A local marijuana reporter's field notes and gossip from the intersection of pot, money, and power in the epicentral San Francisco Bay Area.
Gateway founders Carter Laren (left) and Ben Larson, at the company's VIP launch event at Oakland's Leviathan Building.(Photo: Jennifer Leahy)
The New Gateway Theory
Silicon Valley elites are promising to super-charge the multibillion-dollar legal cannabis industry in 2016, starting in places like the Leviathan Building in Jack London Square.
The towering, angular, nautical-themed structure roared on Dec. 4 with a VIP Swinging Speakeasy mixer to launch Gateway, a new marijuana business incubator.
Set to a jazzy soundtrack, a wintery mix of banker vests, accountant sweaters, designer jeans, and shiny, thick-heeled shoes enjoyed free bottles of beer and cocktails. More than 120 of Oakland's professional cannabis class was invited, including Oaksterdam University chancellor Dale Sky Jones and her husband, Jeff Jones, as well as leading attorney James Anthony. Also spotted was Rotten Tomatoes cofounder Patrick Lee.
At the biggest tech companies, the word “marijuana" makes executive legal teams break out in hives, but “cannabis" is quite popular among rank-and-file developers, founders, and vested ex-employees who've exited with millions dollars, says Carter Laren, a director and mentor of the Founder Institute and cofounder of Gateway, along with entrepreneur-evangelist Ben Larson. The two are bringing the incubator concept to Oakland's Leviathan Building, the former home of Peter Thiel's far-out Seasteading Institute.
Gateway headquarters in Oakland (Photo: David Downs)
“Entrepreneurs reach out to me that I would have never thought to contact," said Laren. “Slowly, the tide is turning."
Folks from places like Google, Oracle, and Sun, down through Electronic Arts and Blizzard, are sailing across the Bay, said John Downs, managing director of MJIC, a private cannabis holding company and Gateway partner.
“For each of us coming to the industry, there's a moment when you look in the mirror and go, 'There's no going back. It's going to affect everything I do.' It's always going to be a part of the headline. And every time somebody takes a step forward and says that they're participating in this industry for the right reasons, it makes it easier for the next person."
Gateway reported 30 applications in the first few days of launching. Companies will get $30,000 in seed money for a six percent equity stake. Incubation begins in Spring.
Organicann's High Life package series includes celebrity-branded strains such as Margaret Cho-G. (Courtesy of Organicann)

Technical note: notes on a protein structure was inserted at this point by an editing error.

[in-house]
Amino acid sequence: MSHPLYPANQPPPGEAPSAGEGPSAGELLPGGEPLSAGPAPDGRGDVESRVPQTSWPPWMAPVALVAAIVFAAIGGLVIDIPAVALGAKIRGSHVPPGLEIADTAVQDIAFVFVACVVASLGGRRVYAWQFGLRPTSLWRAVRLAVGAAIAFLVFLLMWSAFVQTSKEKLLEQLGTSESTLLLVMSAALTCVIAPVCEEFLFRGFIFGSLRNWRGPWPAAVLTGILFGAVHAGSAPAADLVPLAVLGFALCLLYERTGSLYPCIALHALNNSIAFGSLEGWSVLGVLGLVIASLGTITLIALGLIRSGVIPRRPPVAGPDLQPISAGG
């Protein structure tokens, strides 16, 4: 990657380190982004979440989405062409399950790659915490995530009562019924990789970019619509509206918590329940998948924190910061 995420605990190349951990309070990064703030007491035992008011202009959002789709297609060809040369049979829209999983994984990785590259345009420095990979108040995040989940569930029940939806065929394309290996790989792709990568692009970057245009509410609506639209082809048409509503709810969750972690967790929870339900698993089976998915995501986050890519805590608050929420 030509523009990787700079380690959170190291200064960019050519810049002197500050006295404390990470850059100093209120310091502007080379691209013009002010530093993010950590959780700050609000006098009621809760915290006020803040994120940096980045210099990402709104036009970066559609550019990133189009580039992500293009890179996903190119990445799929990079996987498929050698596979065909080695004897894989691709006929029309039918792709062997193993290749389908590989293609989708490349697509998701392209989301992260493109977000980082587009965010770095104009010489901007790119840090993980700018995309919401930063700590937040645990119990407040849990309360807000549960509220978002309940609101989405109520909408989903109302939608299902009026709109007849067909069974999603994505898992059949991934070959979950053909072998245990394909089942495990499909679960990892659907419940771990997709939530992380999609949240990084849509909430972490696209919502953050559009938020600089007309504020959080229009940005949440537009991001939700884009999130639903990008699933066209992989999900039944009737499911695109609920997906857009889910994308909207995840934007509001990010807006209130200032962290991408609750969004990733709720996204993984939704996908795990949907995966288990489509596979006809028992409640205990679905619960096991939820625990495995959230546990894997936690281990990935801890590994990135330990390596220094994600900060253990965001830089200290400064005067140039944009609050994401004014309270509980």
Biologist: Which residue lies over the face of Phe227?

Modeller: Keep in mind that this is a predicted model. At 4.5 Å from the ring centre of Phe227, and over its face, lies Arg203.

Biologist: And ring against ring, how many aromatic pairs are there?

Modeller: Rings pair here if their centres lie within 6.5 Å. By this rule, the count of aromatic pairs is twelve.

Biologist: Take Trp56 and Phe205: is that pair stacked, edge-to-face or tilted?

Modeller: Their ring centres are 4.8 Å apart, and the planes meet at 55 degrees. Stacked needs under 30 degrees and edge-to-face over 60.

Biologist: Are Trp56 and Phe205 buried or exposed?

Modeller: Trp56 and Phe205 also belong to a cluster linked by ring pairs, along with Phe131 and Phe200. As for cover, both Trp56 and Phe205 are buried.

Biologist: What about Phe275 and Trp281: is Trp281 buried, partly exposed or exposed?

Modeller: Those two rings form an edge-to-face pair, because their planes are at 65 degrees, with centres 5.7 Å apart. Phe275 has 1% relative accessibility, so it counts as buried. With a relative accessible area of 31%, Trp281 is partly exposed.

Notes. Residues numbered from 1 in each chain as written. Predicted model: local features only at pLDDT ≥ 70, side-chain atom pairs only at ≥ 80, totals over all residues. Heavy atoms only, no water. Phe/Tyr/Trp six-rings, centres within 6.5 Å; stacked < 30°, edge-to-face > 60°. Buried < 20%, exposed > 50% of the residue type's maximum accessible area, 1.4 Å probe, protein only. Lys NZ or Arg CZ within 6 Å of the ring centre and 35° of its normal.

Hot Trend: Human Curation
With the Cambrian-esque explosion of medical cannabis products nowadays comes a new problem: that of discovery and curation. Algorithms may one day pick your bud. Until then, cannabis companies are getting on the box bandwagon, packaging strains for delivery and gifts.
The Guild's Box of Jane curated medical cannabis packages run $125 box each and are delivered to your door in the Bay Area with a mix of hot new strains like Dosido, a divine Patients' Choice contender, and OGKB; classics like Candy Jack; extracts such as Animal Cookies Wax; pre-ground flowers for your PAX2 or joints; topical salves; and unique edibles including infused potato chips or bubble gum. It's all lab-tested by CB Labs in Novato, and tuned to your level of experience and dietary restrictions (i.e. vegan, gluten-free, chocaholic—whatever's your bag, baby).
Other hot boxes: Organicann's High Life packages offer celebrity-branded strains with accoutrements like a lighter and chillum. You might try the Margaret Cho-G, an indica dominant strain whose flavor is "sweet and tangy with a pleasantly peppery finish."
House flipping is so 2008. Dispensary flipping is more on-trend. A company called Harvest is raising funds to purchase underperforming dispensaries and refurbish them for maximum profit. The first Harvest project in the legendarily trashy Hemp Center on Geary Blvd. is set to open with a new, European-style interior design in January. Harvest's rich Bay Area developers are also tied to upgrades at the long-natty Bernal Heights Collective and the renovated Urban Pharm in SOMA, reports indicate.
On January 24th, The Brownie Mary Democratic Club of Alameda—voted the 2015 Club of the Year by the Alameda County Democratic Central Committee—will throw its first Pot Bowl benefit. Judges packs will be made available on January 6th.
Contact Cannabis Insider's Herb Caine with event announcements, tips, notes, and rumors at firstname.lastname@example.org. Herb Caine is a pseudonym for Bay Area cannabis reporter David Downs—a columnist, editor, and best-selling author, with The Medical Marijuana Guide Book (Whitman) coming out in 2016.